This study was an in-depth examination of pediatric postoperative pain care.Design and Methods
Participant observational data were collected on the care of 10 children. Particular attention was paid to actions when pain scores were ≥5 and to the relationship between pain scores and medications administered.Results
A pattern of care emerged of giving pain medications regularly even if they were prescribed pro re nata. Actions when pain scores were ≥5 varied. Recorded pain scores rarely guided treatment choices.Practice Implications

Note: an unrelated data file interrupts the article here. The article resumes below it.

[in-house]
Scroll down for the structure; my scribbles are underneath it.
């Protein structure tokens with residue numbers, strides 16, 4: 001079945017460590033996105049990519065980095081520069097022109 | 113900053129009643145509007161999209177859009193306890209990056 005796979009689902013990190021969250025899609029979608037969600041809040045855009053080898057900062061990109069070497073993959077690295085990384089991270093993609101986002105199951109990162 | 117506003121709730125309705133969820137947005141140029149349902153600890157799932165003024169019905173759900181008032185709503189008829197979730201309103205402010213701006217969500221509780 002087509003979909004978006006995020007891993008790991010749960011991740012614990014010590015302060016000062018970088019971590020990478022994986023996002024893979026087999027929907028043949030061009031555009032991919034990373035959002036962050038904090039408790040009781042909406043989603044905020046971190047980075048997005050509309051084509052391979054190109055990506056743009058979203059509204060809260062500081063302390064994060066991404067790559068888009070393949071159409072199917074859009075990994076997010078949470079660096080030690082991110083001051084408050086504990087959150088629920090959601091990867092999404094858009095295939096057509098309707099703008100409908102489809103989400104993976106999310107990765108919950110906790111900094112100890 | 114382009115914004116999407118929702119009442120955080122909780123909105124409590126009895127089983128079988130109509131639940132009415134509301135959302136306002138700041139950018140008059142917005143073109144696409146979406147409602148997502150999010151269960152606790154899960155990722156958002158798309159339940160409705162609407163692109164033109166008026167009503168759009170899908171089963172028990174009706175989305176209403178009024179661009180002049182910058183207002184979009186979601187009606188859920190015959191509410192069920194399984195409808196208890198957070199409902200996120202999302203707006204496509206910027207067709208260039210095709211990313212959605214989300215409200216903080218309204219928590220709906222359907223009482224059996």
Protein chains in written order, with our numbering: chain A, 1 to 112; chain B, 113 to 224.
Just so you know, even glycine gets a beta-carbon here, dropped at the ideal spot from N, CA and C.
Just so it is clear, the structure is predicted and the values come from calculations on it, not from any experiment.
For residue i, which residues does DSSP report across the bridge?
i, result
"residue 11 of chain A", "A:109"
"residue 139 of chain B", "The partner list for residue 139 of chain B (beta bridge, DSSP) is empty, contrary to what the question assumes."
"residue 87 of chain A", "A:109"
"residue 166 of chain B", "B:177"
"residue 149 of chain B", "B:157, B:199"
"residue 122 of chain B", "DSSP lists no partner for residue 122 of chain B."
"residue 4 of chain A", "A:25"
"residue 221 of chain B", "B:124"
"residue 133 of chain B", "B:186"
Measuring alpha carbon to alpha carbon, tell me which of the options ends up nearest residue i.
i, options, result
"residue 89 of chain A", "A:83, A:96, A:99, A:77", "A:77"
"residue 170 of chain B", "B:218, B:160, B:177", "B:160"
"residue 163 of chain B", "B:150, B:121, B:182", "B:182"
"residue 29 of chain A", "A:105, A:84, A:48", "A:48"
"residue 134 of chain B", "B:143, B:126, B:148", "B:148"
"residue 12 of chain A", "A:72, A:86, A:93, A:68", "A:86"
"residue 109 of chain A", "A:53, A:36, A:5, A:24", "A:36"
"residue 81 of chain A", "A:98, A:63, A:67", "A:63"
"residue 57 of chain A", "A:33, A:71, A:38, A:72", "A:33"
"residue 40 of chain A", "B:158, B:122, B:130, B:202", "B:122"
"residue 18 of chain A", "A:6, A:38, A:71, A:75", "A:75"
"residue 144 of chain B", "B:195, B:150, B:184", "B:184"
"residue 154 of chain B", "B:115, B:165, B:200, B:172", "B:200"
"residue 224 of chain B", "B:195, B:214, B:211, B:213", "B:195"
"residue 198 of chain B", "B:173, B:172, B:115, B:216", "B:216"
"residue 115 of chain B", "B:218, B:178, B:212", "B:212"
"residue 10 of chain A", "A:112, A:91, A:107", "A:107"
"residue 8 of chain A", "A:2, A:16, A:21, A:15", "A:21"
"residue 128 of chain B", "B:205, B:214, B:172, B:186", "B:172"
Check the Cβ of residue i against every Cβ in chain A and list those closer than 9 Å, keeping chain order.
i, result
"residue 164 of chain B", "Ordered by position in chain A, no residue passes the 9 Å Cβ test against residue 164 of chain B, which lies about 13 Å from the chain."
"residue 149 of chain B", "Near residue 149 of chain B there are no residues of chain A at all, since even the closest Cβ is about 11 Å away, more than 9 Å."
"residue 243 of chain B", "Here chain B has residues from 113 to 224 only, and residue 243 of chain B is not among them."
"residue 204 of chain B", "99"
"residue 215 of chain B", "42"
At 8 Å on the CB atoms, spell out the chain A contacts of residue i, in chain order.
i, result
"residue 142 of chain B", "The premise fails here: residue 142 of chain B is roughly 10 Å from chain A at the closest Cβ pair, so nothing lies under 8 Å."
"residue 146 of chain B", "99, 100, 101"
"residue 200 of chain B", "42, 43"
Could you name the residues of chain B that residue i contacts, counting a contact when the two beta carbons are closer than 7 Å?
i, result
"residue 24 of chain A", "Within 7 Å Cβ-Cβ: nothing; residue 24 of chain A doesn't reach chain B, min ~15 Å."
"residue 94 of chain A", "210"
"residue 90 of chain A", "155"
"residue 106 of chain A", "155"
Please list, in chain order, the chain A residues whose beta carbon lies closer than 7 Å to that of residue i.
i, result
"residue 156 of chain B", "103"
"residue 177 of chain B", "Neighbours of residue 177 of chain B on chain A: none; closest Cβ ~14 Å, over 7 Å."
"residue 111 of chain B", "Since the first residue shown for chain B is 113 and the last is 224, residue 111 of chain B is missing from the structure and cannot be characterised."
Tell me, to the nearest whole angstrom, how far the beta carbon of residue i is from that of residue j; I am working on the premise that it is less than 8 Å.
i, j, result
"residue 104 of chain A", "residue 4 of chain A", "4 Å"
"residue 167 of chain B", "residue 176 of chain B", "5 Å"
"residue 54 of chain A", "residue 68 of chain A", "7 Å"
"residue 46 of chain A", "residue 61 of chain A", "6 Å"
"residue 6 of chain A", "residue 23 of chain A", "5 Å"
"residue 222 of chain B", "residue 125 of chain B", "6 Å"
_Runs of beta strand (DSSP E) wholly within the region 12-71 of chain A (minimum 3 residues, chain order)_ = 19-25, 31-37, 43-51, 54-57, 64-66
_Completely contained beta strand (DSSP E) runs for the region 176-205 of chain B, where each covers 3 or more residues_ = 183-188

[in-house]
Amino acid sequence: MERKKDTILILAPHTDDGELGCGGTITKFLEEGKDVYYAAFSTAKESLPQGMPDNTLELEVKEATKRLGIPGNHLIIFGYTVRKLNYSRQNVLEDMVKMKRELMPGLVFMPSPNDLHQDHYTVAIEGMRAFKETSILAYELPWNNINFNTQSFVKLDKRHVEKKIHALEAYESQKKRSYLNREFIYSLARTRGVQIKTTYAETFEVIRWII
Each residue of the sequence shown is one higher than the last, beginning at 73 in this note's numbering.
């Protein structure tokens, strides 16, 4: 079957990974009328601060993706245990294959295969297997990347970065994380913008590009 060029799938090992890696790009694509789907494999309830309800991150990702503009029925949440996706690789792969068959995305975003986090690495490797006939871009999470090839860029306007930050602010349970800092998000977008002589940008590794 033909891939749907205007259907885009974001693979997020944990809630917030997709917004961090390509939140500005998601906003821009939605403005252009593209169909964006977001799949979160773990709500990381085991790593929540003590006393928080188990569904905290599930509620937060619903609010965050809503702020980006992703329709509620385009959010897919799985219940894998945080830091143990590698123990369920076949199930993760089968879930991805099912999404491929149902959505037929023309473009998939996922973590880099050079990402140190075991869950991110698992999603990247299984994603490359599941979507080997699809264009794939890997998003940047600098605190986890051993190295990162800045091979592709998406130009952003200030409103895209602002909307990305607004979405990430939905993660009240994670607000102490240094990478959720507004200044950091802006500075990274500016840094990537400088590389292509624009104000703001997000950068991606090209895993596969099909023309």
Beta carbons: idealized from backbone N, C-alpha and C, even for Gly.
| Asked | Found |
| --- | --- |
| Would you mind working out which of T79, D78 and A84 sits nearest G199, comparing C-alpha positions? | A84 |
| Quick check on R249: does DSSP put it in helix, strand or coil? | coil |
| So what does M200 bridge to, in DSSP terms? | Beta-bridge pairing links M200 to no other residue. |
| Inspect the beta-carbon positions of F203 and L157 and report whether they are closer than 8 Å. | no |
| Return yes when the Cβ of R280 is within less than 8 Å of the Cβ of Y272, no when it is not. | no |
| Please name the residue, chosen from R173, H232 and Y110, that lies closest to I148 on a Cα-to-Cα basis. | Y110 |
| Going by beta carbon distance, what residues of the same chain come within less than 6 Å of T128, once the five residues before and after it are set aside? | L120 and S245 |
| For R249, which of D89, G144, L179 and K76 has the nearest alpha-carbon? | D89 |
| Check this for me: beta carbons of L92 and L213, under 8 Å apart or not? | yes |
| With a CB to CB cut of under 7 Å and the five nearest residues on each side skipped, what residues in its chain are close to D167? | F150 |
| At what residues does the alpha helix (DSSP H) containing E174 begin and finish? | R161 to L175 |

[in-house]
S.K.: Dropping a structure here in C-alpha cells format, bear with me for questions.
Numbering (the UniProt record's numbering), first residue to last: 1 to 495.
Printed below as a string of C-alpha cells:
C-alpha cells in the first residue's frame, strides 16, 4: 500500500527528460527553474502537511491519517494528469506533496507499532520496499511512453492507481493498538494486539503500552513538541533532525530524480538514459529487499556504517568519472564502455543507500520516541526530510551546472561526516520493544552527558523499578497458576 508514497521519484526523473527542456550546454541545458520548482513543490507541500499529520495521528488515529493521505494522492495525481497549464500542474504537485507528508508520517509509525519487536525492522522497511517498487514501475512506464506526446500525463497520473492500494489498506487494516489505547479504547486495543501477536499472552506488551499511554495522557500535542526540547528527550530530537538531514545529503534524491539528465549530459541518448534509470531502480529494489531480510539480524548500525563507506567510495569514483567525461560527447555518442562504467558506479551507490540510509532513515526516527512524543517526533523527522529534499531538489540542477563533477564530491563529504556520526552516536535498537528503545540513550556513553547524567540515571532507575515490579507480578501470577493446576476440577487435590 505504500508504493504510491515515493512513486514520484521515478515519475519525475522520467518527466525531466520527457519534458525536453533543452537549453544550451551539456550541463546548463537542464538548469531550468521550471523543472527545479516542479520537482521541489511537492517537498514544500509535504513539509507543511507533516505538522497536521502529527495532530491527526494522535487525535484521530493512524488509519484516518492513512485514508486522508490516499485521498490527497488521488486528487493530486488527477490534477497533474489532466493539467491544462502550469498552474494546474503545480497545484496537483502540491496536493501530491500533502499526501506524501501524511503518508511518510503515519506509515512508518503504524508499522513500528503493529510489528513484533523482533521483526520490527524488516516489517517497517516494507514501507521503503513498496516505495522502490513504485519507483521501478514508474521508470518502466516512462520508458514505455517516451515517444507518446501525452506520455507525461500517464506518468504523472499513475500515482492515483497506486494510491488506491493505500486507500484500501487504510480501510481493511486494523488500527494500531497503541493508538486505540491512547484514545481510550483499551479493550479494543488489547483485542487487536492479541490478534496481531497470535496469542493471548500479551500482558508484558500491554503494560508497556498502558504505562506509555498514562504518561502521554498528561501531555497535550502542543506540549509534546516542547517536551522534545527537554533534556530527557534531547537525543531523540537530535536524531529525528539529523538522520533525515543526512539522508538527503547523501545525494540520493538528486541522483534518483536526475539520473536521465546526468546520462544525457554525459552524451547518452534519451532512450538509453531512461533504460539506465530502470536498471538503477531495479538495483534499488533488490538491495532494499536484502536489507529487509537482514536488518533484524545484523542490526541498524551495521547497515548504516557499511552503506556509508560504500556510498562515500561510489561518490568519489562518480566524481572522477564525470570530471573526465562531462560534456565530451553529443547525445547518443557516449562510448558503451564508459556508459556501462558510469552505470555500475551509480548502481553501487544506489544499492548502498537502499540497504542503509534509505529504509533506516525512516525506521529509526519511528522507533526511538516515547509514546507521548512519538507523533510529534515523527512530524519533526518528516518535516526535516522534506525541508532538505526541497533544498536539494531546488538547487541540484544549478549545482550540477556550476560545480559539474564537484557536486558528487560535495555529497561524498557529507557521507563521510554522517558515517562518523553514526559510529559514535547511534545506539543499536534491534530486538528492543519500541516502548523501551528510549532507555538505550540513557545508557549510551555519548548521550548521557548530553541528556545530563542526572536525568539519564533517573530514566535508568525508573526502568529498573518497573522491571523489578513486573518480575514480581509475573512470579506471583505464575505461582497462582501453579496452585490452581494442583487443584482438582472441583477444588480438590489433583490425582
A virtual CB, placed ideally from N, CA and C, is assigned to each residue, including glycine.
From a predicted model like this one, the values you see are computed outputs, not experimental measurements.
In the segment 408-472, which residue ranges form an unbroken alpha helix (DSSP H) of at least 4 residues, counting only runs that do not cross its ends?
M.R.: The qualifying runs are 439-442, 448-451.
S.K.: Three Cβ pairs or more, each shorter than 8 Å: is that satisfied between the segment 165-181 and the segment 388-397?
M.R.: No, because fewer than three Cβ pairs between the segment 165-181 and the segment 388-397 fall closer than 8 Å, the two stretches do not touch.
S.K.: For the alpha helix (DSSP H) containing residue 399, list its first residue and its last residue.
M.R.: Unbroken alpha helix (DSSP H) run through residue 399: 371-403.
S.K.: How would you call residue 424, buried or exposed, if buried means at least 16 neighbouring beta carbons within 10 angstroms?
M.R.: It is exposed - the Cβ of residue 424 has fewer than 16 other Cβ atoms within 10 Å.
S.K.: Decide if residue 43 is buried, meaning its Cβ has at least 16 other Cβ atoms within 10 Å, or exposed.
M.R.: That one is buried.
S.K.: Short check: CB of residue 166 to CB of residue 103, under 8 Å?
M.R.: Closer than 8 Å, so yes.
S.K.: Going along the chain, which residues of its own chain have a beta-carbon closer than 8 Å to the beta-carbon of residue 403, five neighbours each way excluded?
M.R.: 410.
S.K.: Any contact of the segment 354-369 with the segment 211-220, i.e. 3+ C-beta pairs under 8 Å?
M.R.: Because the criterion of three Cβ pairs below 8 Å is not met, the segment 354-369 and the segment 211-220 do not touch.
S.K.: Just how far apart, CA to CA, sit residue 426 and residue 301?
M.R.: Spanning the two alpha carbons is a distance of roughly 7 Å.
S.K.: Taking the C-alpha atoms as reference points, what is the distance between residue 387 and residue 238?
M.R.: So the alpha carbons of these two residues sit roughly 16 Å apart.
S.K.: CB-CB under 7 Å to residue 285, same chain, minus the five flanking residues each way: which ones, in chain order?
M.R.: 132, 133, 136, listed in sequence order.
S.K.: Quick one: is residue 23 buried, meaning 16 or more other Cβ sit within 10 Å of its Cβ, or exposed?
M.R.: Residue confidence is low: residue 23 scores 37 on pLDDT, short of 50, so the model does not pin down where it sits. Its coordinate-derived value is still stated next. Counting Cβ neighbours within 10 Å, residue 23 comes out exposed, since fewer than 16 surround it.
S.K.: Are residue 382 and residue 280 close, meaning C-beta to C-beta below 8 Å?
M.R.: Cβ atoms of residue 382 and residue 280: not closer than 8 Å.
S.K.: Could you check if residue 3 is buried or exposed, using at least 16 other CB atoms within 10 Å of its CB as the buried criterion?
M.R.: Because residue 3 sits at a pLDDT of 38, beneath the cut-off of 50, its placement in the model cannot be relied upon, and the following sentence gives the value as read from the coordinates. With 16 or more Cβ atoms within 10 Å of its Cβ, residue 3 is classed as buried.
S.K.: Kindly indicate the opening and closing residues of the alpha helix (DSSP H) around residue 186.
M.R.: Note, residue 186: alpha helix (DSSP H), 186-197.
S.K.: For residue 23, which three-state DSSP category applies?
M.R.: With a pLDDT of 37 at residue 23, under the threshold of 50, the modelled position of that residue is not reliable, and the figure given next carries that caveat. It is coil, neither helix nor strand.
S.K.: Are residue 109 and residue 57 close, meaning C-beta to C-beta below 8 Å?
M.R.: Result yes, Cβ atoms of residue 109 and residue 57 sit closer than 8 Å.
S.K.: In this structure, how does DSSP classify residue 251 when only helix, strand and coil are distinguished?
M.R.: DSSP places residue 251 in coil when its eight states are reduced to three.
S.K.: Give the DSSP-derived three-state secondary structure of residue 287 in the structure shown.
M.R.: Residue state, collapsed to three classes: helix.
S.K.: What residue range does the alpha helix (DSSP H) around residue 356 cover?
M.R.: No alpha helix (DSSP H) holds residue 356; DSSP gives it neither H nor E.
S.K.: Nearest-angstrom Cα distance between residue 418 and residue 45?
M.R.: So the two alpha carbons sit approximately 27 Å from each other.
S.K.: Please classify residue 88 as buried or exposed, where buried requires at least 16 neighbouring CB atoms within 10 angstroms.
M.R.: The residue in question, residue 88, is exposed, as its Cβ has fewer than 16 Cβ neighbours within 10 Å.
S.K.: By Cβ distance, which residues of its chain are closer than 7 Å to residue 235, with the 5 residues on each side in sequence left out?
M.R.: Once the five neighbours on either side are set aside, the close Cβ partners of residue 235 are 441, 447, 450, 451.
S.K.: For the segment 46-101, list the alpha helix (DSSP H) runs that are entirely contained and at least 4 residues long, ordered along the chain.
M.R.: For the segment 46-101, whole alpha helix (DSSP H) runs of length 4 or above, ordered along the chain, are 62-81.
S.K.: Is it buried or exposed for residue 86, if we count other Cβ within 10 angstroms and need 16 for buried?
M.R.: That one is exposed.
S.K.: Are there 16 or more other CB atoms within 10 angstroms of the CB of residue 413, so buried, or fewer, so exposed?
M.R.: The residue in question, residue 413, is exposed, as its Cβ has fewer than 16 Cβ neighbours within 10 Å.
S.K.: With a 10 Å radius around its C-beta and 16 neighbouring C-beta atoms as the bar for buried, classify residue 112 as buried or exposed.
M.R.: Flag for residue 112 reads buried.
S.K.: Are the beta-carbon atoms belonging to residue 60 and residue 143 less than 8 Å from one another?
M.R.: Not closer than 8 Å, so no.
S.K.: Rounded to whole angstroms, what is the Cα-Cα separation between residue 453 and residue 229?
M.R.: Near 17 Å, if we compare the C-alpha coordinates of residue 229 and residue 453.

The use of pain scores to guide treatment choices needs further debate. Future research should explore the implications of divorcing treatment from pain scores on children's pain experience.